In this paper we use general equilibrium simulation methods to analyze the direct and indirect effects of a simple REDD+ program and the trade-offs arising between its 3Es at the village level. We simulate several variations on a basic scenario to assess the extent to which alternative reforms deviate from an ideal Pareto outcome (i.e., an efficient outcome where no one experiences net losses). Simulations are designed to highlight the effect of program design given a particular local context, leaving the role of context to be discussed in a subsequent paper. The particular context of this paper–i.e., a Mexican highland village with a mixed subsistence/commercial agricultural sector–allows us to address a pressing but largely overlooked issue: the potential interaction between REDD+ and food production in vast areas of the developing tropics where subsistence agriculture is the norm. To this end we show how outcomes change after incorporating the value of non-market goods and services provided by subsistence activities. In the remainder of this section and the next we present the theoretical and methodological framework of our work. A subsequent section describes the policy scenario and its expected outcomes. A concluding section considers the options available to policy makers charged with designing REDD+ while reflecting on the robustness and generality of our results.

A Theory of Change: REDD+’s Causal Chain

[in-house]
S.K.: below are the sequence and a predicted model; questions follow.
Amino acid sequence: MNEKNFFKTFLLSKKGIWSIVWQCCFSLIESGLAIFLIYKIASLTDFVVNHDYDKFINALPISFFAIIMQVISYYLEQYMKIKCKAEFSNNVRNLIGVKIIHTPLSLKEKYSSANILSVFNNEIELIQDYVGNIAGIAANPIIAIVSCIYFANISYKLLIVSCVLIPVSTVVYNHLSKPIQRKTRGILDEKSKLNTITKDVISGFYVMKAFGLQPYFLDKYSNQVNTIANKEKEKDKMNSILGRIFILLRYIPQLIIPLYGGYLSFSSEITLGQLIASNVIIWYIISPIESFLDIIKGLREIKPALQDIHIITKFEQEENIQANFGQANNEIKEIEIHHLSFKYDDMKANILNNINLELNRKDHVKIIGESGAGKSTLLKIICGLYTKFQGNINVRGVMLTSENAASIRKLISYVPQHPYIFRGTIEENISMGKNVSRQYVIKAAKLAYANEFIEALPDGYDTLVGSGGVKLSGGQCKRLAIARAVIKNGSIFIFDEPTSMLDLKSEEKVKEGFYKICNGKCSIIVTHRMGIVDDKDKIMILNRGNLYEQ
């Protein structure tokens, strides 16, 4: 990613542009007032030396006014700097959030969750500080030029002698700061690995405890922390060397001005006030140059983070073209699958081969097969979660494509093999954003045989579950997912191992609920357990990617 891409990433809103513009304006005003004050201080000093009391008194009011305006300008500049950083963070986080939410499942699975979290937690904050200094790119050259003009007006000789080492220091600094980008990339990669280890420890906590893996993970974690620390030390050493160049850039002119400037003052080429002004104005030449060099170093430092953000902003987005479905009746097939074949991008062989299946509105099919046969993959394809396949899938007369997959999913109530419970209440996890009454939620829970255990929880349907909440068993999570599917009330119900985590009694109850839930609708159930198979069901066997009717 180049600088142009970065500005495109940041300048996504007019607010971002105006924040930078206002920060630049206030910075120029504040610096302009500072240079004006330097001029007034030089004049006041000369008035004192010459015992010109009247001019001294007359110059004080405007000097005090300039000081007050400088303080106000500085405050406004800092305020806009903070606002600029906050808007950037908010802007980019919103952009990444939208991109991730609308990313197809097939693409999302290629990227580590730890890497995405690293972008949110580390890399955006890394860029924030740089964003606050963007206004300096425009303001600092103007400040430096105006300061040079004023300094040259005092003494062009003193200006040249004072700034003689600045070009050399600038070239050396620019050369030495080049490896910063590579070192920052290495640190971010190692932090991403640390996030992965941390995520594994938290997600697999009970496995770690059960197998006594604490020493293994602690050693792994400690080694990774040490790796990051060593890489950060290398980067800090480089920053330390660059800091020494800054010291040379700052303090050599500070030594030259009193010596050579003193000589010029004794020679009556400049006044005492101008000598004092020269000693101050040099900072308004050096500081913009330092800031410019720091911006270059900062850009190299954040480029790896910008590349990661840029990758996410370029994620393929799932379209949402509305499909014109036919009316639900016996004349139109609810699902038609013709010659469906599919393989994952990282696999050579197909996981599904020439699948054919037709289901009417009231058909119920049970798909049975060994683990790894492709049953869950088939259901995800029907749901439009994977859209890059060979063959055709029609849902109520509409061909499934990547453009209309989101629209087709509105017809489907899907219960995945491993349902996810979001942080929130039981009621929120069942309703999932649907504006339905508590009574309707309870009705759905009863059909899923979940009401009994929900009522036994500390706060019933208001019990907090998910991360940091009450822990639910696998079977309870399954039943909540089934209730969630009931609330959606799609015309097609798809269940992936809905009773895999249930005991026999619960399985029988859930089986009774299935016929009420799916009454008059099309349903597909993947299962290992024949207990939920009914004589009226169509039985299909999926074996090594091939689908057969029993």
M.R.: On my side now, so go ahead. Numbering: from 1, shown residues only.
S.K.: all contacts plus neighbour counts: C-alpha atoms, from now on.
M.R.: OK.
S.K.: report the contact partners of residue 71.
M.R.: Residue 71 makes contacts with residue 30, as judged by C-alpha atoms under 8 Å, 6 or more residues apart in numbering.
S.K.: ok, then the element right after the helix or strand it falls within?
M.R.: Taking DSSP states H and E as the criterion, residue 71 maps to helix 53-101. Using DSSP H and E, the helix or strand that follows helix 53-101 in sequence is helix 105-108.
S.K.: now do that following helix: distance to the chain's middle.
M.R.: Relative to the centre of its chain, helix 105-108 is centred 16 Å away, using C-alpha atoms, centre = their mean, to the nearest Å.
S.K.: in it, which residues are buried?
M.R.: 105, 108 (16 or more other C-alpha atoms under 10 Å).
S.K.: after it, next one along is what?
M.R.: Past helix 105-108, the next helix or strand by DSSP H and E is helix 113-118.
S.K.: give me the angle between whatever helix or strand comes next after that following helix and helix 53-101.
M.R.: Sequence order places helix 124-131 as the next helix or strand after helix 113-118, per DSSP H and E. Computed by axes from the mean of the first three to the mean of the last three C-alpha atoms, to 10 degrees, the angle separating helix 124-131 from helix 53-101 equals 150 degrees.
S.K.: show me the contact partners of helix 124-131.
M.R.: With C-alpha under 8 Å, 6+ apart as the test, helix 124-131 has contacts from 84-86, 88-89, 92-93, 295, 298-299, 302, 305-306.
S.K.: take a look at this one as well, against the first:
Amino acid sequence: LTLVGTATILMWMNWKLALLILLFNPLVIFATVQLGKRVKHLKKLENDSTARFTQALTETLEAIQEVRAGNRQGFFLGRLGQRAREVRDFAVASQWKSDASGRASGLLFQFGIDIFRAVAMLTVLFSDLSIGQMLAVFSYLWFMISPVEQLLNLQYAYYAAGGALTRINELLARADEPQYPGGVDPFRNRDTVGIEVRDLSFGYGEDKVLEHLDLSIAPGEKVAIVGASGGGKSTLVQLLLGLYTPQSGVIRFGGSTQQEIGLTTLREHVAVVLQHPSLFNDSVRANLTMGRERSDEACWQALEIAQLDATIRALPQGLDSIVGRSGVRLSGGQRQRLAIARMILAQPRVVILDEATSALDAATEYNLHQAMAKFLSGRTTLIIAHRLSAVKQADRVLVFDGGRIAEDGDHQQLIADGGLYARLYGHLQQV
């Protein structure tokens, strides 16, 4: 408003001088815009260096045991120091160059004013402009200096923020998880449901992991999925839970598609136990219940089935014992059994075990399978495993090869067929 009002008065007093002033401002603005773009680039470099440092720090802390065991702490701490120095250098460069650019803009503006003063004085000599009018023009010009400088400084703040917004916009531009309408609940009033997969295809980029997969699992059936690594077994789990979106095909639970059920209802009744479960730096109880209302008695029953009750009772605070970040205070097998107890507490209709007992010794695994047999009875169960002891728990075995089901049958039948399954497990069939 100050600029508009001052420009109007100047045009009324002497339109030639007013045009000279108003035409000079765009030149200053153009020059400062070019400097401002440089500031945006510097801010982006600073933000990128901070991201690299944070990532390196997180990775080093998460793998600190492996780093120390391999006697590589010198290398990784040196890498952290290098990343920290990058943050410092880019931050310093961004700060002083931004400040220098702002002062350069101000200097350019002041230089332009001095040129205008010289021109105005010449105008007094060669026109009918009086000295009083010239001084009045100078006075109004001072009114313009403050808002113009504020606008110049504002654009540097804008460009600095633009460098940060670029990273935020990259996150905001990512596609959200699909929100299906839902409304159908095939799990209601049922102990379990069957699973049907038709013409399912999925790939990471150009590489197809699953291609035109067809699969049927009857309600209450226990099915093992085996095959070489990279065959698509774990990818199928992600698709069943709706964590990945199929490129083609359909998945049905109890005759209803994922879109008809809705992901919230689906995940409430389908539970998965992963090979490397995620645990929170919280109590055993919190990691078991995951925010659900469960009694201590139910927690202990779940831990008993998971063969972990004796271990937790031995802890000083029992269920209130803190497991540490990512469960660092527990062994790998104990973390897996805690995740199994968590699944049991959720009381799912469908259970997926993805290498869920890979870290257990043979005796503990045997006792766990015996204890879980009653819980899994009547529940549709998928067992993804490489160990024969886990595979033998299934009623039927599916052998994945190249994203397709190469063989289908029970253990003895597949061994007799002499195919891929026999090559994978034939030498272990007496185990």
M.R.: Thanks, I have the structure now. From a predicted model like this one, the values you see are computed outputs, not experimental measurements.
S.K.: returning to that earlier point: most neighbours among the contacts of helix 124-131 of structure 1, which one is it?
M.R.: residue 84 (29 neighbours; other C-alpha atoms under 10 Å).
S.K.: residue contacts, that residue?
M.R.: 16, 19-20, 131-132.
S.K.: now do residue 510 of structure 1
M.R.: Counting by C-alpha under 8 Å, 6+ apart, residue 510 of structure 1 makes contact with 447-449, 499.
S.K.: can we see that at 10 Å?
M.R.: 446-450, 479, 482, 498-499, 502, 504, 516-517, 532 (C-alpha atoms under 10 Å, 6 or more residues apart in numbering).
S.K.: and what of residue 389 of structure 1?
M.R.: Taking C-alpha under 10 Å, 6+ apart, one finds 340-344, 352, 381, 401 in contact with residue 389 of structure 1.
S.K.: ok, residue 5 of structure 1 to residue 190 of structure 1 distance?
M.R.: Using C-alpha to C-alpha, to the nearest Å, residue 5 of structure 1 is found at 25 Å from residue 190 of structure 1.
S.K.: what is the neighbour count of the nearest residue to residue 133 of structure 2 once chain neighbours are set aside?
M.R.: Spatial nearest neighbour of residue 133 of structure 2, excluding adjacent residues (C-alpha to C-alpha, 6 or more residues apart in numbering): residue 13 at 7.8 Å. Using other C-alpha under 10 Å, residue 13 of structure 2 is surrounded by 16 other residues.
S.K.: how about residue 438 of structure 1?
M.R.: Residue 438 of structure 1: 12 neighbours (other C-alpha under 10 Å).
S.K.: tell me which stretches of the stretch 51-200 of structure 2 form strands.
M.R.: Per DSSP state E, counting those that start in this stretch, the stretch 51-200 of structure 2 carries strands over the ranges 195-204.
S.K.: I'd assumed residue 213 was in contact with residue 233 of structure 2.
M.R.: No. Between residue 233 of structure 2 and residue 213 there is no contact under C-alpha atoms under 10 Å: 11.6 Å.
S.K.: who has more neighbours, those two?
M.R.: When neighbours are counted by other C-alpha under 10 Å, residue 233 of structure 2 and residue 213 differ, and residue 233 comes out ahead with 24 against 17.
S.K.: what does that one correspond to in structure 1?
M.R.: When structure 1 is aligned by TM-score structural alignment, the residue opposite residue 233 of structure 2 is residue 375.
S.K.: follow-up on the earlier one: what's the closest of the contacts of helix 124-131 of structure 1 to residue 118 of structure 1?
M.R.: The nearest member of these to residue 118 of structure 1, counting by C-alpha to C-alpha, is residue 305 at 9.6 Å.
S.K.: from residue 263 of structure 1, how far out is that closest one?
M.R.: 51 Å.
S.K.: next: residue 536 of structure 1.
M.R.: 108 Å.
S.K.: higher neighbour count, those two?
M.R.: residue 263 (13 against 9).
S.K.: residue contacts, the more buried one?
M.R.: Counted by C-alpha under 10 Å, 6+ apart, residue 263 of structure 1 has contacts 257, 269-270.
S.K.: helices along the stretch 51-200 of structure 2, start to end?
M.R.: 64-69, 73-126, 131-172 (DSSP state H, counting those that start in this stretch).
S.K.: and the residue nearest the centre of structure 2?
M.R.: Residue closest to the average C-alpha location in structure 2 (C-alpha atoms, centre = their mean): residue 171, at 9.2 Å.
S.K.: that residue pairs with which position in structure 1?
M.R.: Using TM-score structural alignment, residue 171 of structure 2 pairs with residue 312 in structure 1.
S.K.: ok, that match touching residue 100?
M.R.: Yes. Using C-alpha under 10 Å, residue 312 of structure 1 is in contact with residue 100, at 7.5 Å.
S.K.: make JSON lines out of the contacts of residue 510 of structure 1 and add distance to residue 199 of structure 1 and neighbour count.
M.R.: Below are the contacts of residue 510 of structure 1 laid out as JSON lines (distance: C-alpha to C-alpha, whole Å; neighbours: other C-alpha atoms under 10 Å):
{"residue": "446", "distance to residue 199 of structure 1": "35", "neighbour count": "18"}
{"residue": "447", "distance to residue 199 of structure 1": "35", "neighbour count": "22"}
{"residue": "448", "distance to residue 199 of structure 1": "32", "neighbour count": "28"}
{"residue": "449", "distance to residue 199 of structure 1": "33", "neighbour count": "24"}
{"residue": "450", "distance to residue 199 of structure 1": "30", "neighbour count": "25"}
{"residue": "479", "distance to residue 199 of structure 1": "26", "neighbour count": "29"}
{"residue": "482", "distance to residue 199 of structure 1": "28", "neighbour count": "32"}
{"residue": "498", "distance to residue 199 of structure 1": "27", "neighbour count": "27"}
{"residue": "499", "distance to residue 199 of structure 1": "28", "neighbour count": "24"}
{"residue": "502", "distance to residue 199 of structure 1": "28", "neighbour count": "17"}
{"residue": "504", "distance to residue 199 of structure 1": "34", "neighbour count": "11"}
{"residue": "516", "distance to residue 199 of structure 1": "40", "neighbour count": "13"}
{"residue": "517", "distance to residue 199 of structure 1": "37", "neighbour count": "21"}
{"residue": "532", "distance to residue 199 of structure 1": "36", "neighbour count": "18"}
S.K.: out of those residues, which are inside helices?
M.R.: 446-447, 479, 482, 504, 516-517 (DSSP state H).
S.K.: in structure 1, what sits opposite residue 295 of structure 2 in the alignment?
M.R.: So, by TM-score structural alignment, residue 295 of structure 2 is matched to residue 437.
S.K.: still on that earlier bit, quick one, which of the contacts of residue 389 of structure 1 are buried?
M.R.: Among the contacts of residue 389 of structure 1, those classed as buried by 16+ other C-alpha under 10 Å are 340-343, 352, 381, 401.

Studies modeling REDD+’s causal chain have linked the potential outcome of international negotiations (i.e., the setting of reference levels and/or carbon prices) to land use decisions at a very fine scale in order to develop mechanisms to implement REDD+ across the globe, design incentives for national governments to join or to assess the indirect impacts on global commodity markets [10][12], [14]. While the efficiency of a particular mechanism can be secondary, the distribution of costs and benefits across countries is considered the basis of its political feasibility and hence of its effectiveness [12]. Most of these studies have assumed that governments would first commit to specific reductions in deforestation at the national level and later develop policies to achieve these commitments. Not surprisingly, REDD+’s causal chain at the sub-national level is extremely simplified in these analyses.

A recent study addressing the sub-national level considers the potential distribution of costs and benefits between national and district governments [14]; but to our knowledge, no study has considered the diversity of actors at the local level and the causal processes of which they are part. It is these actors who will be directly responsible for land-use decisions, and their potential gains and losses will determine REDD+s acceptability at this level [5], [18][19].